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[Photos] In Saigon’s Buu Long Pagoda, a Meditative Escape and Pan-Southeast Asian Architecture

It all started with a sparkle on the horizon, a beam of solar brilliance bouncing off a garish metallic surface.

Scanning the skyline from my Bien Hoa home, I notice a golden spire glimmering in the midday sun. Could my vision be deceiving me, I wonder, forcing my eyes to focus on the distant object, or am I, in fact, looking at something completely ordinary — perhaps a feature of the industrial landscape which surrounds the city?

It can only be one thing, I conclude, after brief deliberation: a stupa, and one of ambitious proportions. The enormous bell shaped tower dominates the vista. But you don’t get these in Vietnam, I recall. Thailand, Cambodia, or Myanmar, yes, but surely not here. It turns out there is one here, and I had just found it, a mere 40-minute drive from downtown Saigon.

Buu Long Pagoda is an idiosyncratic hodgepodge of pan-Southeast Asian architecture, and the bold vision of one man — Le Van Gian — a doctor, civil servant and first abbot of the sanctuary. Established in 1942, the temple complex incorporates sacral forms seldom found in Vietnam.

It is most likely Giang’s extended stay in Phnom Penh that inspired the structure’s unique design. The Cambodian doctor, as he is known by the monks, is also widely believed to be responsible for the most recent reintroduction into Vietnam of Theravada Buddhism — the most ancient doctrine of the philosophy, also referred to as Southern Buddhism due to its popularity in Sri Lanka, Thailand, Laos, Burma and Myanmar.

Located in District 9 on the banks of the Dong Nai River, the temple complex offers a tranquil getaway from the hustle and bustle of the big city. Surrounded by a thick, shady grove, the site is a perfect place to escape the chaos of Saigon, unwind, meditate, and explore the many meandering paths and contained temples.

A monastery found on the site houses ten monks and 30 nuns. They spend their days meditating, chanting and maintaining the ten-hectare property. Typically, those involved in the Buddhist monastic order will renounce meat, intoxicants and earthly possessions, in addition to vowing to remain chaste for the duration of their service.

Devotees come to the pagoda to participate in meditation sessions and chanting led by the monks. These visits are particularly important, as those living in the monastery rely on the daily food donations made by the congregation.

Tue Quang, a senior monk at the temple, said the pagoda is open to anyone, regardless of their background or spiritual beliefs. ”Pagodas are made to be visited,” he said. “Le Van Gian would not have it any other way.”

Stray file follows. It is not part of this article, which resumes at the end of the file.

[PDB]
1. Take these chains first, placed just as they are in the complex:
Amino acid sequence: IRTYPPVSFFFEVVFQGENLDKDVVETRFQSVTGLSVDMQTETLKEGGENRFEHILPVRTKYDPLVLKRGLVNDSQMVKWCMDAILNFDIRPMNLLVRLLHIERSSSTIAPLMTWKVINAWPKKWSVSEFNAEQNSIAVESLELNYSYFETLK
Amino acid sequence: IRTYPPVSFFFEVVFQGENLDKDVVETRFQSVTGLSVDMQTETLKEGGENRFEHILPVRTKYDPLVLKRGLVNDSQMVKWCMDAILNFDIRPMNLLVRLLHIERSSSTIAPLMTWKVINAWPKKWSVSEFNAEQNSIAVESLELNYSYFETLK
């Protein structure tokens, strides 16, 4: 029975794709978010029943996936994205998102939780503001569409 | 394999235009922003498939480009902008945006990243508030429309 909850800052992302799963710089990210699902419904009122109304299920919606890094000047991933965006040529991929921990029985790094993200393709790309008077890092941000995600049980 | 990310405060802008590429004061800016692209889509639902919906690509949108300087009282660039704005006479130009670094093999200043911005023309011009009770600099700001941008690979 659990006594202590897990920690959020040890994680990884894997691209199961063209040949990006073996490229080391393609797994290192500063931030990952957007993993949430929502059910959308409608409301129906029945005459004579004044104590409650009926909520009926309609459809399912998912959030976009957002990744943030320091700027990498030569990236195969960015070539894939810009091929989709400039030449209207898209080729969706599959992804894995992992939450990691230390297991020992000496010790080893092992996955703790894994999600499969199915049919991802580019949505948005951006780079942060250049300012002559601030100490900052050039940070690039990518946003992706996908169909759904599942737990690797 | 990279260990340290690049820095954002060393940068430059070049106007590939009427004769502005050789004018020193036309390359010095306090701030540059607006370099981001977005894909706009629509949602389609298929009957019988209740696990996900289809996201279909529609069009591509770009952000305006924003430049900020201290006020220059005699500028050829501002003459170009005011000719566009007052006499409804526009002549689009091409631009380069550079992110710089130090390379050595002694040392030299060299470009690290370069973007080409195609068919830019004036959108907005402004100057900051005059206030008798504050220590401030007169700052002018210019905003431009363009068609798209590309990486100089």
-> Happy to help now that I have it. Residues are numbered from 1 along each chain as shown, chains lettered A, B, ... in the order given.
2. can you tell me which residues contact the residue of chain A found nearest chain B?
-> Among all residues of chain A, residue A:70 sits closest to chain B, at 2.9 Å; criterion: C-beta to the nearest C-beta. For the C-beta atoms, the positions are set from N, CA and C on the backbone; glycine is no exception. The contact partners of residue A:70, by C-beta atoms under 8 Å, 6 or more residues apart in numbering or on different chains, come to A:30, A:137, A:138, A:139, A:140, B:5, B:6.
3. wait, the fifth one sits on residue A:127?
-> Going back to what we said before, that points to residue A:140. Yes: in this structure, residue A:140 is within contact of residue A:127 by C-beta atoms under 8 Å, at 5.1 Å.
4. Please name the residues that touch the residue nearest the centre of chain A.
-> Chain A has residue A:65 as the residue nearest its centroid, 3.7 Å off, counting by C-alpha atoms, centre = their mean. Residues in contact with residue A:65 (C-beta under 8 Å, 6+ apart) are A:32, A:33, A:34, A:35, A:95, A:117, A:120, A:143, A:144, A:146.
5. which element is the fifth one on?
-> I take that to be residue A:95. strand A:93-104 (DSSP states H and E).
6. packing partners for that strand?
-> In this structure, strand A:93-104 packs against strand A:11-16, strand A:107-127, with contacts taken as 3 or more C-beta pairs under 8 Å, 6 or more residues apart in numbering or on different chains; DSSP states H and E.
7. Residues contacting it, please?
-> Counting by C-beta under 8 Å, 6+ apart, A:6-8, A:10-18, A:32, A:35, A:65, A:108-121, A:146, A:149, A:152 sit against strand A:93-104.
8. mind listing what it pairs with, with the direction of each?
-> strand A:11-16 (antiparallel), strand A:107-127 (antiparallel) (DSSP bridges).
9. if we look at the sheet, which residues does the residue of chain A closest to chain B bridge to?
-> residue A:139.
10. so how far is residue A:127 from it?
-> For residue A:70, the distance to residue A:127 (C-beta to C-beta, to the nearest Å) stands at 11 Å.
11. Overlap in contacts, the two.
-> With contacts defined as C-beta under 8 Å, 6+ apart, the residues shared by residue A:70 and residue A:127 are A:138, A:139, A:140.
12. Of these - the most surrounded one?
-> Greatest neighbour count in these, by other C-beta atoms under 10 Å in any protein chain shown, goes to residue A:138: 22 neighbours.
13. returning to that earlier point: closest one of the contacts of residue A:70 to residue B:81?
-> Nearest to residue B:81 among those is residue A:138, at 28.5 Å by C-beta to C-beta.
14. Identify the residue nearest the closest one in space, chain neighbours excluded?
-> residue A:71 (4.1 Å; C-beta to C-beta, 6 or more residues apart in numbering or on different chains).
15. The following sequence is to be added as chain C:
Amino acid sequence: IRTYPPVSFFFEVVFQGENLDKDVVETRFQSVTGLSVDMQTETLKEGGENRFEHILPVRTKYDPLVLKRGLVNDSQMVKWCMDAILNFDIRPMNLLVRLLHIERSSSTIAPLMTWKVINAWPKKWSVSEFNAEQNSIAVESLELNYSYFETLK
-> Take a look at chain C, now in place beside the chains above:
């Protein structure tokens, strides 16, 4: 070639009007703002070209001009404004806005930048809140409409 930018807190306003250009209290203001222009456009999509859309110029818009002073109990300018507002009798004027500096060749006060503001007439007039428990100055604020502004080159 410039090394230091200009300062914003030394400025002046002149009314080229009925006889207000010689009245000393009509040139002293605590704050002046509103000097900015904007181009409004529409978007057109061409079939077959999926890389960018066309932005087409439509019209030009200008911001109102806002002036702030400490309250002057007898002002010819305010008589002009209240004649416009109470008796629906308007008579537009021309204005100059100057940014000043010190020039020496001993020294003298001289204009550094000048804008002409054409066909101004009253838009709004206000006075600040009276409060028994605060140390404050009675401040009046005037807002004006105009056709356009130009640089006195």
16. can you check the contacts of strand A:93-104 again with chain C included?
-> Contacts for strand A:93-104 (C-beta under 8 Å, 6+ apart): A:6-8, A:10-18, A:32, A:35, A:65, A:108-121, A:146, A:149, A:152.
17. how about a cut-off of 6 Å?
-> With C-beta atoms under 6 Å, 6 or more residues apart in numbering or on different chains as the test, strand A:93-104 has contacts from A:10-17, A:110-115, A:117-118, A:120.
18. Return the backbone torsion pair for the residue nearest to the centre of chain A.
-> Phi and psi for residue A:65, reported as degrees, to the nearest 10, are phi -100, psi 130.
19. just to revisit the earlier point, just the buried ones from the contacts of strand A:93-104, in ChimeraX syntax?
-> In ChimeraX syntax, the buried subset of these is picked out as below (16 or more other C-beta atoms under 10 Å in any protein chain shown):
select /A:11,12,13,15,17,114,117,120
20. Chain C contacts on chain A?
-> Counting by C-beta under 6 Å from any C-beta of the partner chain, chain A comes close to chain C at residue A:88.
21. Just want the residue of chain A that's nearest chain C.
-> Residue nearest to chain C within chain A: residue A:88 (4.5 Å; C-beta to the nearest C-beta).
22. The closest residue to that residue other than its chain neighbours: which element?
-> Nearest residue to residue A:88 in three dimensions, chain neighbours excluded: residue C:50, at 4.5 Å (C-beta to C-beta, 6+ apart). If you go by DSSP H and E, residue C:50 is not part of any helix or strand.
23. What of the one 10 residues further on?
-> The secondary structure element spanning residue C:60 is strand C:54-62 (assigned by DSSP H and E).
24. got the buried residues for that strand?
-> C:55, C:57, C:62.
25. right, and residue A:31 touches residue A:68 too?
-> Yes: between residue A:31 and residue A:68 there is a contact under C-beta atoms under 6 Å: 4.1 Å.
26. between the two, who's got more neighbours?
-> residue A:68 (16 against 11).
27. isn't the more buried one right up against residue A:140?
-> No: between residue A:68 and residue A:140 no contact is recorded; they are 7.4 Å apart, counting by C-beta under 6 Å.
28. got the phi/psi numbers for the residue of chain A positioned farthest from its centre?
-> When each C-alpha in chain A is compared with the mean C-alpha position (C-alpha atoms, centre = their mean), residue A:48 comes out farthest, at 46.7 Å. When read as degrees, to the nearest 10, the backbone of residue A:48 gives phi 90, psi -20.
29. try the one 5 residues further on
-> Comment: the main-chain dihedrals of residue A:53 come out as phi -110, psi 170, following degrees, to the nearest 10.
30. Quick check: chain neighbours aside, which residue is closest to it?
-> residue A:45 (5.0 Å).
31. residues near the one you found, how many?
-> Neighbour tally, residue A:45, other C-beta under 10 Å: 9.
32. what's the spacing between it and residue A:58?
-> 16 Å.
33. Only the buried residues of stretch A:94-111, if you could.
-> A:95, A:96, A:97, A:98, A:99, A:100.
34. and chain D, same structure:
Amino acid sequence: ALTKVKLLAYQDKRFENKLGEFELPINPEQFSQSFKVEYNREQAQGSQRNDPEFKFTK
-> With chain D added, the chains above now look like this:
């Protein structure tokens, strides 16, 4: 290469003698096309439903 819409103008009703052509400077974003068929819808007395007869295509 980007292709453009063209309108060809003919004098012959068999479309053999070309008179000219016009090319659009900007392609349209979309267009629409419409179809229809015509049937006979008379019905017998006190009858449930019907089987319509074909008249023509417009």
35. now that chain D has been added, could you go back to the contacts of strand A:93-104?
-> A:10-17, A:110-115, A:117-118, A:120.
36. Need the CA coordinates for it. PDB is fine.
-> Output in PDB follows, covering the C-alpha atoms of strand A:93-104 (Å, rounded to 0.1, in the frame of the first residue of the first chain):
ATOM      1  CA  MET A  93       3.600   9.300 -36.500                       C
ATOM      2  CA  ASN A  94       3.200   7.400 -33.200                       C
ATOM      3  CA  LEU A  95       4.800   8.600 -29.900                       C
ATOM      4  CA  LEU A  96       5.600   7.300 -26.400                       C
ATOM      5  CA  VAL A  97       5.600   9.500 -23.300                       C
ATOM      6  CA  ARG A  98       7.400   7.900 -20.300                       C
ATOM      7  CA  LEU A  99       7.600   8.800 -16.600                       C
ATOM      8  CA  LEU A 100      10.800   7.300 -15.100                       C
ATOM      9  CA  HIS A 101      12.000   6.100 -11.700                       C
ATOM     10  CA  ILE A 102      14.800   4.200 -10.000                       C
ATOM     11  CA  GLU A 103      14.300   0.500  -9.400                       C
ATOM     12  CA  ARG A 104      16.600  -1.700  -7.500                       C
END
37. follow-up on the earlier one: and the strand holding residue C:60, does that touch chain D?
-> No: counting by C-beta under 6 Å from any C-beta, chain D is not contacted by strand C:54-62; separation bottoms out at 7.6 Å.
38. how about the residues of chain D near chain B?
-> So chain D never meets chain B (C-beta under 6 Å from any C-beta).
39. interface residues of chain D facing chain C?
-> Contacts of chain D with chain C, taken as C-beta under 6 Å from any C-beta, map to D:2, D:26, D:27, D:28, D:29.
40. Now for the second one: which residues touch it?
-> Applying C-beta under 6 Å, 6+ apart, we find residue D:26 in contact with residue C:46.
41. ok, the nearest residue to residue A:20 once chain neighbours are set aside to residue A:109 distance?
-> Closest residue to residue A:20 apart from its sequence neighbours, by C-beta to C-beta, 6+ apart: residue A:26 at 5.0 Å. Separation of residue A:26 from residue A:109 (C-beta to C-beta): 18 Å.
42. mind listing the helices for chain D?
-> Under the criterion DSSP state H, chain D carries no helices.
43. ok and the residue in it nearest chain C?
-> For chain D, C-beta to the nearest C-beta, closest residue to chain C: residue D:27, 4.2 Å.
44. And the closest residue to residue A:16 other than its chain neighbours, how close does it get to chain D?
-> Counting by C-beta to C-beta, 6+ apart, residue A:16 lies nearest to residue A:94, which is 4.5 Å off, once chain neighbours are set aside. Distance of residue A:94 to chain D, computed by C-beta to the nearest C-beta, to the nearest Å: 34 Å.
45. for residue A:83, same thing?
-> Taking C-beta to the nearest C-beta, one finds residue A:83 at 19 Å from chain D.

Planted in 1959, the enormous tree found behind the main temple was brought to the complex as a sapling by a Sri Lankan monk named Nanda. The tree is thought to be a direct descendant of the Bodhi Tree that once grew at the Mahabodhi Temple in India, believed to be the site of Guatama Buddha’s spiritual enlightenment.

Chameleon-shaped dragon heads are among the many foreign elements incorporated into the temple’s design. Others include intricately patterned metal features, ubiquitous dharma wheels and, of course, the characteristic gilded towers.

I was told the peaceful atmosphere found at Buu Long Pagoda is the result of two main factors: the temple’s cool, shaded location, and the energy produced by its resident monks during chanting and meditation.

The lush greenery which surrounds the temple complex is particularly striking during the wet season, when daily precipitation fuels plant growth and floral blooms, attracting a multitude of colorful butterflies to the area.

A visit to the area would not be complete without taking a short ferry trip to the nearby Phuoc Long Temple, located on an island on the Dong Nai River.

The short ferry ride provides spectacular views of the stupa, framed by the rapidly industrializing banks of the Dong Nai River.

The gaudy, traditionally Vietnamese Phuoc Long temple complex, filled with Chinese influences and various deities derived from local folklore, offers a stark contrast to the relatively austere interiors of the buildings found at Buu Long, where only the Buddha is venerated.

Packed with stalls selling a multitude of offerings, the island is a popular pilgrimage destination for the region’s devotees.

The island’s vendors sell souvenirs, jewelry and talismans, which can be injected with additional powers through a monk’s blessing.

A fortuneteller offers her powers of foresight. Unfortunately, even genuine clairvoyance isn’t able to bypass the language barrier, and my fate remains a mystery.

Before leaving the island I’m talked into buying a cage filled with house sparrows – the act of expressing mercy by releasing captive animals is a common practice throughout Asia. Mere minutes later, walking back to the ferry, I slip in a puddle of primordial slime, bruising my tailbone and scraping my ankle – blood and parasitic sludge mixing before my eyes. I’m not sure I buy the whole karma thing.


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